Stuffed pumpkin with Lupini bean

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A new food stuff again? OMG, not because lupin has already been the the fav of the Egyptian pharaoh and in Europe it has been used from the 12 century! Hildegard von Bingen (healer and philosopher in the 12 century) alias Sybil of the Rhein praised it and highly recommended to people. Then it was forgotten for long time until the WWI when people started to use for culinary purposes: pressed oil from the plants and prepared coffee from the beans.

Because it had a bitter taste farmers cultivated a sweet sort. The most nutritious is the Australian sweet lupin or lupin bean which are high in protein, dietary fiber, and antioxidants, very low in starch and like all legumes, are gluten-free. Lupins can be used to make variety foods both sweet and savory, including everyday meals traditional fermented foods, baked foods and sauces. The European white lupin beans are commonly sold in a salty solution in jars, like olives and pickles and can be eaten with or without the skin. Lupini dishes are most commonly found in Europe, especially in Portugal, Spain (where lupins are known as altramuz), Greece and Italy. They are also common in Brazil and in Egypt. In the latter country lupin is known as termes (in Arabic) and it’s popular street snack after being treated with several soakings of water and then brined. In the Mediterranean countries, they are popularly consumed with beer. In Lebanon, Jordan, Syria and Israel, salty and chilled lupini beans are called termos and are served as part of an aperitif or a snack. The Andean lupin or tarwi was a widespread food in the Incan Empire because of their edible seeds. Lupins were also used by many Native American peoples such as the Yavapai in North America. The seeds are used for different foods, from vegan sausages to lupin-tofu or baking-enhancing lupin flour.

Lupin omlette with zucchini

Ingredients: 300 ml rice, almond milk, 50 gr lupin flour, 75 gr chickpeas flour, 1 tbsp rice starch, salt, 1 bunch of parsley,  2 twigs of fresh rosemary, 2 zucchinis, 1 tbsp butter, 3 tbsp of olive oil, pepper, psyllium powder (help to low high blood cholesterol level and used as a thickener in ice cream and frozen desserts)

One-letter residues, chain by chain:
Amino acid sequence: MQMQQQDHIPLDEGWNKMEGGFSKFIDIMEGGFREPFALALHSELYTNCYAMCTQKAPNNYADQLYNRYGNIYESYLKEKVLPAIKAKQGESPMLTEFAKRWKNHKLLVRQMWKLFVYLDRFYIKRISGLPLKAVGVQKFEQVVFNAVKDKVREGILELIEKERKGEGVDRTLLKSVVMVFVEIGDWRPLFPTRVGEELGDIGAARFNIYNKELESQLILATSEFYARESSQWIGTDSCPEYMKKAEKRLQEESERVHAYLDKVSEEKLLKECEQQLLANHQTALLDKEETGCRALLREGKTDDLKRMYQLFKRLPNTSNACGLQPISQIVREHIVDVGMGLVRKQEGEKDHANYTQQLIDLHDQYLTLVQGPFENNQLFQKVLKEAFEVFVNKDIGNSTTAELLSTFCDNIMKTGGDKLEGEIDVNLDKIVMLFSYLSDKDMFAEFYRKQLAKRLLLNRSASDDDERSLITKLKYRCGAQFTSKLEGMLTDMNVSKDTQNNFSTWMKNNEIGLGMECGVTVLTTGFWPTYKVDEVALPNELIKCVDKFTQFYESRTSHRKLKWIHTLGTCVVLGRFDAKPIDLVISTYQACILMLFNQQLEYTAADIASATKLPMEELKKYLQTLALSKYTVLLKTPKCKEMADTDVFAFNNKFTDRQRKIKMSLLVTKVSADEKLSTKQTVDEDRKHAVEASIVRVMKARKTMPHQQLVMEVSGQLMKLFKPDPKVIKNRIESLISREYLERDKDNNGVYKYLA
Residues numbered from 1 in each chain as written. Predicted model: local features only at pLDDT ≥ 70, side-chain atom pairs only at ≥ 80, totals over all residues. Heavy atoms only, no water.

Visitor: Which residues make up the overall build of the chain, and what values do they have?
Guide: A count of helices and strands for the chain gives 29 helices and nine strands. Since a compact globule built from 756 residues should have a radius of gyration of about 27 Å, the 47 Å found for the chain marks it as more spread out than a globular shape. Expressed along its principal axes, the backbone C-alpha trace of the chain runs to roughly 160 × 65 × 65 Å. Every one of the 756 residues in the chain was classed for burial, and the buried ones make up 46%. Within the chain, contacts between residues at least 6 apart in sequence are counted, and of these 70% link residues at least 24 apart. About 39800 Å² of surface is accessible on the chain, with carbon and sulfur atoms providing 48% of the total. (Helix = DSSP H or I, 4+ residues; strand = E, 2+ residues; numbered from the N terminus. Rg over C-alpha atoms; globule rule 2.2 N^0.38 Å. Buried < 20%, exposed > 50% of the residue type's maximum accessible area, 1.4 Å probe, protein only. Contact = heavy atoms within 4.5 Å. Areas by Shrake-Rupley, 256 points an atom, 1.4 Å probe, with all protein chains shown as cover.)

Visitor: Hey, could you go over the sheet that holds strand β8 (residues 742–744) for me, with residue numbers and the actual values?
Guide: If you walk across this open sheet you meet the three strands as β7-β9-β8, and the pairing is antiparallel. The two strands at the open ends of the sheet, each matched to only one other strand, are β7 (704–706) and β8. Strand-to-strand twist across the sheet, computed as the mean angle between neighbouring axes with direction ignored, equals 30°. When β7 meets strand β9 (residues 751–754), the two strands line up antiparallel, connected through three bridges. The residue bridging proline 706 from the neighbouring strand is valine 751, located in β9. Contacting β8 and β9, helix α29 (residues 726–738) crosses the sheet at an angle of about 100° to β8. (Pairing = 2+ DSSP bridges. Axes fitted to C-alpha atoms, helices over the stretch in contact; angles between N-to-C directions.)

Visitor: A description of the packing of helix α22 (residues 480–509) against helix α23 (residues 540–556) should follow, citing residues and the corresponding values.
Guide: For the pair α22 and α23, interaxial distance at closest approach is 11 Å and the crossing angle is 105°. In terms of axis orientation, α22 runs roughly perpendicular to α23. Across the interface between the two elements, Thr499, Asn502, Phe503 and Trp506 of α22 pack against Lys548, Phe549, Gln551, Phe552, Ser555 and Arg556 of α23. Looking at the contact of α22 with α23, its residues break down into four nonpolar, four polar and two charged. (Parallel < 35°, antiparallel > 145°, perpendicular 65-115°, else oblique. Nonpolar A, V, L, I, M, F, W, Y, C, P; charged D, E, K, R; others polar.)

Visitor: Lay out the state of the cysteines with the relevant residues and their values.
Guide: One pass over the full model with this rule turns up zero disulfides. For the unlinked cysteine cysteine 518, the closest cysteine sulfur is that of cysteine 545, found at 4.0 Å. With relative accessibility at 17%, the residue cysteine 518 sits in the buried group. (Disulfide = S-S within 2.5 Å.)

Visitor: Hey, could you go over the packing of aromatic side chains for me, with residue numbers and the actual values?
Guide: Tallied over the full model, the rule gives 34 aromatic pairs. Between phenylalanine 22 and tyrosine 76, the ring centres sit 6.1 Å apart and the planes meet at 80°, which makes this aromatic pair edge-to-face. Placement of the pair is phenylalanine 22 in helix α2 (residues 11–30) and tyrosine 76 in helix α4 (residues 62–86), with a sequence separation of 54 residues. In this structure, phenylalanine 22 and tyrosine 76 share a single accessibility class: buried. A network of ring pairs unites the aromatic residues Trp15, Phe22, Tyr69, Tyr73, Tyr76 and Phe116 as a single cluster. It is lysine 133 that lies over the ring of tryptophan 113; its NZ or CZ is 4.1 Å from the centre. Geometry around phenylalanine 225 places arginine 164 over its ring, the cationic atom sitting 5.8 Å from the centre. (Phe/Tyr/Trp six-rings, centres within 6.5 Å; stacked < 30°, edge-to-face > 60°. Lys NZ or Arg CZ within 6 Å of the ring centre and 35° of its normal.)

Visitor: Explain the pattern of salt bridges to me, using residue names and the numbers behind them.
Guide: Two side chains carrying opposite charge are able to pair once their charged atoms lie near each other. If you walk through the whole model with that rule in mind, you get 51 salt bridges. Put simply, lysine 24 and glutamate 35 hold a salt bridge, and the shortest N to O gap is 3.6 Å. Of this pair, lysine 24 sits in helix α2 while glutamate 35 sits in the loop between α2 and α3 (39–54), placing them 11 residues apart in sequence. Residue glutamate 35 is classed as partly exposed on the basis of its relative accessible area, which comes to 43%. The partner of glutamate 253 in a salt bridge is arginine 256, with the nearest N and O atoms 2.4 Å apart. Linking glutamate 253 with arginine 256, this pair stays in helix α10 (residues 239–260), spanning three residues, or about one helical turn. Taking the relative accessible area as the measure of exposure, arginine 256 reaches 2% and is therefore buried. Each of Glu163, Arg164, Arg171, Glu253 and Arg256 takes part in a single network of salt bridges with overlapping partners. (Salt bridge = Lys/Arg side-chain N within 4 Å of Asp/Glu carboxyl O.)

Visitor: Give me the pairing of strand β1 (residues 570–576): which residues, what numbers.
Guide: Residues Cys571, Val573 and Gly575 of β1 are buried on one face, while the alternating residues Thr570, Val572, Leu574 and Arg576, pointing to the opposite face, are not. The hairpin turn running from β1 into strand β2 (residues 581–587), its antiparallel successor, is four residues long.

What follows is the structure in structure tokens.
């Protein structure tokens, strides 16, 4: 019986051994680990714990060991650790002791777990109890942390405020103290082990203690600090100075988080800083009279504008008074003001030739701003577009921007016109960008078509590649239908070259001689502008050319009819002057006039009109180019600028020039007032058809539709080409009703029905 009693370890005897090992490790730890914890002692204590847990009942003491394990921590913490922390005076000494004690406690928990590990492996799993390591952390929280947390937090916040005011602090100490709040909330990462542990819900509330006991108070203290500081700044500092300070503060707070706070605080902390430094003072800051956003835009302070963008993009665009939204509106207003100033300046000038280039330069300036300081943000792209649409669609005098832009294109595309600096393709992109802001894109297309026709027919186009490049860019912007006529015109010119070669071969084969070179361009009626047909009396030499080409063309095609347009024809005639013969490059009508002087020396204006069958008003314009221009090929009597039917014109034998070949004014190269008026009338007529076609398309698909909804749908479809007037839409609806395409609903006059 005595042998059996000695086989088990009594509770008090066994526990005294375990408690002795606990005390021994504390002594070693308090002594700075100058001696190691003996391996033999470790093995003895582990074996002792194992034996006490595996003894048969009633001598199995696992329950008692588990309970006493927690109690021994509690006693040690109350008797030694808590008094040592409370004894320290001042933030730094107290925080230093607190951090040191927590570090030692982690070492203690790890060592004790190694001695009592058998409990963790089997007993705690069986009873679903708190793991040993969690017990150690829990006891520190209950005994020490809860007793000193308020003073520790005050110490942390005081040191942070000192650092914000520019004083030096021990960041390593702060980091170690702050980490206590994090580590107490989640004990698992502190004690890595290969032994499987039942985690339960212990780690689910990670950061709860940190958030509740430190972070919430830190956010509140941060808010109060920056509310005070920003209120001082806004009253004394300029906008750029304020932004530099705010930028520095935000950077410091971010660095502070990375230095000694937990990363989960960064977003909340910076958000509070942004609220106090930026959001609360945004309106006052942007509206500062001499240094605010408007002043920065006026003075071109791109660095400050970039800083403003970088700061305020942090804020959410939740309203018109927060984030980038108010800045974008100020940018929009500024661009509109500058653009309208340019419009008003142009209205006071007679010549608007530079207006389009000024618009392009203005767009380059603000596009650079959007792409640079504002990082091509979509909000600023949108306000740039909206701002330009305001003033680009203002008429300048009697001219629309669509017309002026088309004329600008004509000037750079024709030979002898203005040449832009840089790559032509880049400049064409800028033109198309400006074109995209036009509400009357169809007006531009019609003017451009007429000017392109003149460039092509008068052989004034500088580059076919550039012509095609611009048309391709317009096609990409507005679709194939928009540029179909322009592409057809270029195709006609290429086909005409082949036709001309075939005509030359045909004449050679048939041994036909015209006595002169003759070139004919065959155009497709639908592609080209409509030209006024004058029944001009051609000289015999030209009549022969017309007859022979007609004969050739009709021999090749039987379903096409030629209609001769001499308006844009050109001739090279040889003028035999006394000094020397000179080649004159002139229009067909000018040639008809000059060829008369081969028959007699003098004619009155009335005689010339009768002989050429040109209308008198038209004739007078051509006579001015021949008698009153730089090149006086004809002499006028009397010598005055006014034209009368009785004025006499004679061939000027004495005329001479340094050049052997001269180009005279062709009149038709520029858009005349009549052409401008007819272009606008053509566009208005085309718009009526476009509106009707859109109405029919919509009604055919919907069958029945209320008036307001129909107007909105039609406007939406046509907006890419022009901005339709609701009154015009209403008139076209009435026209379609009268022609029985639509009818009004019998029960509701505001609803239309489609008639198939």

1.Mix together milk, lupin flour, chickpeas flour, rice starch, psyllium and make a dollop. Flavor with salt, and finely chopped parsley. Put aside for 15 minutes

2. Meanwhile melt butter in a pan and fry zucchini (cut into small cubes). Add rosemary twigs and pour over flour mixture. Make an omlette. Salt and pepper a bestrew with chopped parsley and it’s ready to be served!

Avocado with lupin seeds

Ingredients: 1 clove of garlic, 2 avocados, 50 gr lupin seeds or powder, lime zest and juice, 2-3 teaspoons of Worchester sauce, 1-2 drizzles of Tabasco, salt

Direction: Peel avocado discard the pit, smash flesh with a fork. Add lupin powder. Salt and pepper to taste, flavor with lemon juice. For more aromas give 1-2 drizzles of Tabasco and Worcester sauce.


Baked pumpkin with lupin bean

The smoky grilled pepper passport for a flavor trip to the Greek Isles.

Ingredients: 1 butternut pumpkin, 6 tbsp olive oil, 1 red pepper, 150 gr lupin seeds (in jar or salted) kidney bean, 1 red onion, salt, pepper, caraway seeds, garam massala, wild basil leaves, 1 tbsp lupin flocks, some flower for decoration

Direction: Preheat oven for 180 Celsius/Gas mark 6. Hollow pumpkin, discard seeds and put aside. Lightly sprinkle hollowed pumpkin with salt and pepper. Mix together the olive oil, balsamic vinegar and lemon juice and brush the pumpkin. Heat the broiler or grill pan and let it bake for 15-to 20 minutes.

Meanwhile grill the pepper and red onion, flavor with salt, pepper and caraway seeds or powder and garam massala. Add kidney bean to veggies and scatter with lupin flocks. Fill with this the grilled pumpkin and decorate with edible flowers!




One thought on “Stuffed pumpkin with Lupini bean

    Bottomless Stomach said:
    July 14, 2017 at 6:23 am

    Stunning recipe!! I love lupini beans. Cheers!

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